Friday, February 17th, 2017
As a homeowner or business owner, you need to care for your trees just like you would with any other part of your landscape. Part of tree care involves recognizing the signs of diseases and other issues, such as tree fungi. When it comes to the types of pathogens affecting trees in central Texas, tree fungi is fairly common while bacteria are uncommon and viruses are very uncommon. There are multiple types of fungus that can affect your trees, but some are more common than others. An arborist will help you diagnose the particular fungi in question and come up with a course of treatment, but it helps to be familiar with the possibilities.
Oak wilt is the most concerning tree fungi that you can get in central Texas as red oaks and live oaks are susceptible while white oaks tend to be a bit more resistant. You can recognize oak wilt by the leaves dropping or turning brown. In the case of live oaks, there will also be veinal chlorosis and in all species, oak wilt can lead to tree death. Oak wilt spreads through root grafts and certain beetles that feed on trees. Your arborist can provide treatment and preventative methods for oak wilt.
In the case of armillaria, foliage of the tree can turn yellow or thin. You may also see reduced shoot growth or mushrooms growing around the base of the tree. This tree fungi can lead to crown die back and white rot that creates spongy wood. If you look underneath the bark in affected areas, you will notice white fungal growth. To reduce the risk of armillaria, prevent tree stress and ensure that mulch and sod stay back from the tree trunks.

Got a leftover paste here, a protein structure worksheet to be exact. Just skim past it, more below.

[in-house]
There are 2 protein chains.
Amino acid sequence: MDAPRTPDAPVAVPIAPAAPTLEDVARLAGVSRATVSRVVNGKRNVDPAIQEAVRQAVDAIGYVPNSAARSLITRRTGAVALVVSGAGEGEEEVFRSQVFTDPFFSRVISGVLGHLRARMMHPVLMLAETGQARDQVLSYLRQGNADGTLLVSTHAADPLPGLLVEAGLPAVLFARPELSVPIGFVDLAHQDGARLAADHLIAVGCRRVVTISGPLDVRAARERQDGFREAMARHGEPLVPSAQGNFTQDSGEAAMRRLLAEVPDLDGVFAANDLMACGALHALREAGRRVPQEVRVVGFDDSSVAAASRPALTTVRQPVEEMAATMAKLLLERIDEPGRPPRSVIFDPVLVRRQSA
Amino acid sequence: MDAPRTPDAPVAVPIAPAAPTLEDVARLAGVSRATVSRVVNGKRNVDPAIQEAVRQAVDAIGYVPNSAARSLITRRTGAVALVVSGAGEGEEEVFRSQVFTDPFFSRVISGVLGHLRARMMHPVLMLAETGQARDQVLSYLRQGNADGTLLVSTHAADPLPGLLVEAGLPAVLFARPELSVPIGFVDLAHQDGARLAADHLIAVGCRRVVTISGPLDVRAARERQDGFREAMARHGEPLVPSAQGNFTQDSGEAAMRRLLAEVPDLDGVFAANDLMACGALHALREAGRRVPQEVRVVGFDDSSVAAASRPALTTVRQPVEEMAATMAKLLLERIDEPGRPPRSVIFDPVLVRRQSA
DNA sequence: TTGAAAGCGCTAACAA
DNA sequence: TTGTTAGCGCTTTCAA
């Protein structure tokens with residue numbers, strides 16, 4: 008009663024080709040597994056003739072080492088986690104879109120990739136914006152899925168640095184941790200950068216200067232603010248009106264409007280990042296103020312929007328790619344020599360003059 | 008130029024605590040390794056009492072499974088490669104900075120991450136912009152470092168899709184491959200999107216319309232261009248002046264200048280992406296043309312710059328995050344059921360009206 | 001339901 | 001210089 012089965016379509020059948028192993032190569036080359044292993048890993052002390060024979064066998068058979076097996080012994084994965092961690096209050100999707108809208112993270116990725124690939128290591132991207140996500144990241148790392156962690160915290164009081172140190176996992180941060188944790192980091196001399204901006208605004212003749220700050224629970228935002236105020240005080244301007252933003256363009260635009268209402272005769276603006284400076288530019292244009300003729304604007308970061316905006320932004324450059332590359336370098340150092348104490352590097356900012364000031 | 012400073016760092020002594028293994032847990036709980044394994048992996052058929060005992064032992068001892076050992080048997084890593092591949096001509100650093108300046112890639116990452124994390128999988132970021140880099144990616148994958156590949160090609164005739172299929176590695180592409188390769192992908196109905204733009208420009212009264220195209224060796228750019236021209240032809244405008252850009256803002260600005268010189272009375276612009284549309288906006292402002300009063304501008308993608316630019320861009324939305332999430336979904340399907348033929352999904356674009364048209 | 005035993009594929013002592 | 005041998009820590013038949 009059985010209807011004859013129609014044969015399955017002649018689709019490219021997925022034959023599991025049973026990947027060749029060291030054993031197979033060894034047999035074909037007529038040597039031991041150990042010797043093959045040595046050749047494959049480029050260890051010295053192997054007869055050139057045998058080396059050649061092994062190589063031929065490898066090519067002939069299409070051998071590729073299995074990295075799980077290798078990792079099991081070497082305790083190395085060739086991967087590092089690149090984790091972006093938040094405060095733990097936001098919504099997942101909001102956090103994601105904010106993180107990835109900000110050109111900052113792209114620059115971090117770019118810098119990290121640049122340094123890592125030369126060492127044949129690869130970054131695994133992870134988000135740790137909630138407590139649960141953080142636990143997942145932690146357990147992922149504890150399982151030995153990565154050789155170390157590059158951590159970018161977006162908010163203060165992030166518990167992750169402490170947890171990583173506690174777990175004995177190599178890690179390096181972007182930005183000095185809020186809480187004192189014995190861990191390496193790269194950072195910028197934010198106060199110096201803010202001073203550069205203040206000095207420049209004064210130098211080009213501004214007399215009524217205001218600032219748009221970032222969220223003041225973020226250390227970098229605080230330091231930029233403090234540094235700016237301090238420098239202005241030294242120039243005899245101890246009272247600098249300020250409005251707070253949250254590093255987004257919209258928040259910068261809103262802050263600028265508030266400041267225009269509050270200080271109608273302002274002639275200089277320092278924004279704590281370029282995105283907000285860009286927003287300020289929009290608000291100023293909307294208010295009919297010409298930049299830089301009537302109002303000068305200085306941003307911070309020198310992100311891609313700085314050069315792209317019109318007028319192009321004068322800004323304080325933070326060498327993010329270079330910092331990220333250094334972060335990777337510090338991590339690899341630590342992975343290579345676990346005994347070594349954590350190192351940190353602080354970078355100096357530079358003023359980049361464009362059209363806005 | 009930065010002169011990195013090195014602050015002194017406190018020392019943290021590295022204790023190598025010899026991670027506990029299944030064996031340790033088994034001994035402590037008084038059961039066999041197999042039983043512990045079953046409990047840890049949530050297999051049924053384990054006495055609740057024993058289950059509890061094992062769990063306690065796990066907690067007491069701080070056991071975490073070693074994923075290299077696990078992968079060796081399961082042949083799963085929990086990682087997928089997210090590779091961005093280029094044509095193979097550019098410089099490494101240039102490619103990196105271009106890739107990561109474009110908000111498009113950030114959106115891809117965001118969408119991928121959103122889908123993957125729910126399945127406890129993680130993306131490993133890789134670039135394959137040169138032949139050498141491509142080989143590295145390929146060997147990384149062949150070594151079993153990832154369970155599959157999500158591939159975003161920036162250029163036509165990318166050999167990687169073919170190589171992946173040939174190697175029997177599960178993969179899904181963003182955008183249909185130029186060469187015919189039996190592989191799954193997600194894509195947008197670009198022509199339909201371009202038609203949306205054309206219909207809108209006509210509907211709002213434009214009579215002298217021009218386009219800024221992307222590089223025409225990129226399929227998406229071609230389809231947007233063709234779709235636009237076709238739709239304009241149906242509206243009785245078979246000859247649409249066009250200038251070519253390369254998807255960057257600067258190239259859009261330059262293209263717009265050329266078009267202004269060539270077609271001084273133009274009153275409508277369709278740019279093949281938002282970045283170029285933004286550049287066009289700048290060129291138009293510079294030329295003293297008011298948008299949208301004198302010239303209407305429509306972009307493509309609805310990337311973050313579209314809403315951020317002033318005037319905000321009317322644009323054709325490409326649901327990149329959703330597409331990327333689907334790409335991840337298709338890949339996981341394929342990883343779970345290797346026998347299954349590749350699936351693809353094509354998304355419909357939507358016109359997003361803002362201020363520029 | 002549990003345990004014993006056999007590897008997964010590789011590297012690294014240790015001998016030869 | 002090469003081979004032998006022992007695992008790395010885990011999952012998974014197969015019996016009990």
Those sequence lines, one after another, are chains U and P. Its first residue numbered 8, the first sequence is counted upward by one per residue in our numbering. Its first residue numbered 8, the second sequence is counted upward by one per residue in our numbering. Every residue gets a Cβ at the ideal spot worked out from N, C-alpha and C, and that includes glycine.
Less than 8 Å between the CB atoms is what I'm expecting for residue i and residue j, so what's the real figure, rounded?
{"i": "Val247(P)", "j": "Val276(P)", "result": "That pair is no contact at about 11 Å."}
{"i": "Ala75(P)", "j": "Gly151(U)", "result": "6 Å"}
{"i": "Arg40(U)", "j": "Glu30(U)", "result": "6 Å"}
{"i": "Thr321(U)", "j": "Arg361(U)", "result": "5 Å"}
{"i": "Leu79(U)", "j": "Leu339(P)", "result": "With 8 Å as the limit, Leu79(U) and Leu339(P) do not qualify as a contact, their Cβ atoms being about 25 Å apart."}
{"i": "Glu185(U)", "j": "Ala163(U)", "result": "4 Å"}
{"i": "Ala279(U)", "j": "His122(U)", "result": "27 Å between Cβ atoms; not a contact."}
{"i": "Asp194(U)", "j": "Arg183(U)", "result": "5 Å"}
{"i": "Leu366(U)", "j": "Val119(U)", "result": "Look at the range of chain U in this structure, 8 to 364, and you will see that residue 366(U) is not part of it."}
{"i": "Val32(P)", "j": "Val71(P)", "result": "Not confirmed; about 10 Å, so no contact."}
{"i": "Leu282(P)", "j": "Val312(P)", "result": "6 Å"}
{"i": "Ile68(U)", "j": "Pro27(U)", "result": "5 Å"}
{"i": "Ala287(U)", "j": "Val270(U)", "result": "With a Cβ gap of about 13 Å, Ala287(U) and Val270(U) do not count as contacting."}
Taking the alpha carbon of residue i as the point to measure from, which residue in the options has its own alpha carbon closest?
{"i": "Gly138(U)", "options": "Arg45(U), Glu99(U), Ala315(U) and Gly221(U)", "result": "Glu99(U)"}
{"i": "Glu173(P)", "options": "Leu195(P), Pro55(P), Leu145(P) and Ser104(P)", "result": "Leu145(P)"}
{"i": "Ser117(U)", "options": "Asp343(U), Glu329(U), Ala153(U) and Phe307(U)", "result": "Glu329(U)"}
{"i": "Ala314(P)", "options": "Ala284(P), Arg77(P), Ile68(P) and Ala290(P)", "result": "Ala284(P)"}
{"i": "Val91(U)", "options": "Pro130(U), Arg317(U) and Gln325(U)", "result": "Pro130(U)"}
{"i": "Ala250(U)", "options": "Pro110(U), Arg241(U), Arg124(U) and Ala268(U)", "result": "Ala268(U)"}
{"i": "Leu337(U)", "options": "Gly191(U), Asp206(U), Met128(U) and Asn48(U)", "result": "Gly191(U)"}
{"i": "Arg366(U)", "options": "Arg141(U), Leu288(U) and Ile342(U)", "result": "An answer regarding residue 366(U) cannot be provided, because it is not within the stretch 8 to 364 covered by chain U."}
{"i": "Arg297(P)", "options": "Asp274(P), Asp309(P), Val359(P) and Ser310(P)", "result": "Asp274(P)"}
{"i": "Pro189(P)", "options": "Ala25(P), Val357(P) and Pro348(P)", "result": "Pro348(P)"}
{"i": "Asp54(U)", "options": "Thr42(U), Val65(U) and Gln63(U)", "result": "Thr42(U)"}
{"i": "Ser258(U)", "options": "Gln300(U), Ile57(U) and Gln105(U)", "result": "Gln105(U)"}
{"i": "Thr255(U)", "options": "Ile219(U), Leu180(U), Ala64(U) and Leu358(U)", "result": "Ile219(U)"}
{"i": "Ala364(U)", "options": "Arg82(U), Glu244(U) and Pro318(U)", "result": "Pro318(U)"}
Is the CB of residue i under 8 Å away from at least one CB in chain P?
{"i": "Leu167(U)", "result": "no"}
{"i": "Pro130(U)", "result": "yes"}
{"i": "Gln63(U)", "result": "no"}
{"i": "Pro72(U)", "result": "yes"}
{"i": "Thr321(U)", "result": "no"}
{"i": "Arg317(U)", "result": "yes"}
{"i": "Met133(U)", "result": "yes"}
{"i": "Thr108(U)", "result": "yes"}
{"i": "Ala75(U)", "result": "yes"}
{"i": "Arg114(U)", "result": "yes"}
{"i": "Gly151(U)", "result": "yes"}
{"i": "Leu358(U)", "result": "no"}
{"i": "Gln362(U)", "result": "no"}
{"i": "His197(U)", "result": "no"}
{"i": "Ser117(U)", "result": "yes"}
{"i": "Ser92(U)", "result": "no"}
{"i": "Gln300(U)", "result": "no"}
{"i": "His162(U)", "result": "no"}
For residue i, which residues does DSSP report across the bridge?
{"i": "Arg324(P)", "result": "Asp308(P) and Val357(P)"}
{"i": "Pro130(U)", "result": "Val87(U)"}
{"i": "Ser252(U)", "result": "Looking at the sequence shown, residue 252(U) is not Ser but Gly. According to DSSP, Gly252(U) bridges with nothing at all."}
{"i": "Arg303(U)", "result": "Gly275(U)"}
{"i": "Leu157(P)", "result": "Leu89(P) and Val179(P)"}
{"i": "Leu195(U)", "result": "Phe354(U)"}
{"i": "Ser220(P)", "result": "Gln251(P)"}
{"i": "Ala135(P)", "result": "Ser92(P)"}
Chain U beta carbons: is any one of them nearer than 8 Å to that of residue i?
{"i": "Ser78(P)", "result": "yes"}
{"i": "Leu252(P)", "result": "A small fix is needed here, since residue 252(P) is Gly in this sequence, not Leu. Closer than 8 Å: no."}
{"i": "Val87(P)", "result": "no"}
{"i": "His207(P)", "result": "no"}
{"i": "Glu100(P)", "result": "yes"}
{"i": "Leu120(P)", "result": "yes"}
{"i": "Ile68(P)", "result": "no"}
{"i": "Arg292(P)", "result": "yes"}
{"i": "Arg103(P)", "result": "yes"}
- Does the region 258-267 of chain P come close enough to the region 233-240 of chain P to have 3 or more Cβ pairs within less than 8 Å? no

Ganoderma is a tree fungi that affects the lower trunks and roots of various trees, including elms, ash, and oaks. Eventually, trees with ganoderma may die, but this can take as long as three or five years for the entire tree to fail. In the meantime, the tree may show yellowing, branch dieback, undersized leaves, wilting, and general decline. Prevent the spread of this tree fungi by looking for conks and then removing any trees that have them. Take care to avoid wounding the trunks and roots since the infection is spread by spores in the wind that enter through the open wounds.
Hypoxylon cankers attack weakened trees and tend to be more common during times of drought. They affect elms, oaks, pecan trees, and sycamores in addition to numerous other trees. Trees with hypoxylon cankers may experience thinning of their crowns and branch dieback. There is also decaying of sapwood and this particular tree fungi can kill trees rapidly.
You may not realize it, but leaf spots that you find on your central Texas trees are actually a type of fungus as well. While they can affect trees, they don’t do any serious damage. Instead, they are mostly a cosmetic issue. Unfortunately, however, they affect many different types of trees. Leaf spots are more common during the wet years but you can prevent reinfection by raking up leaves in a timely manner.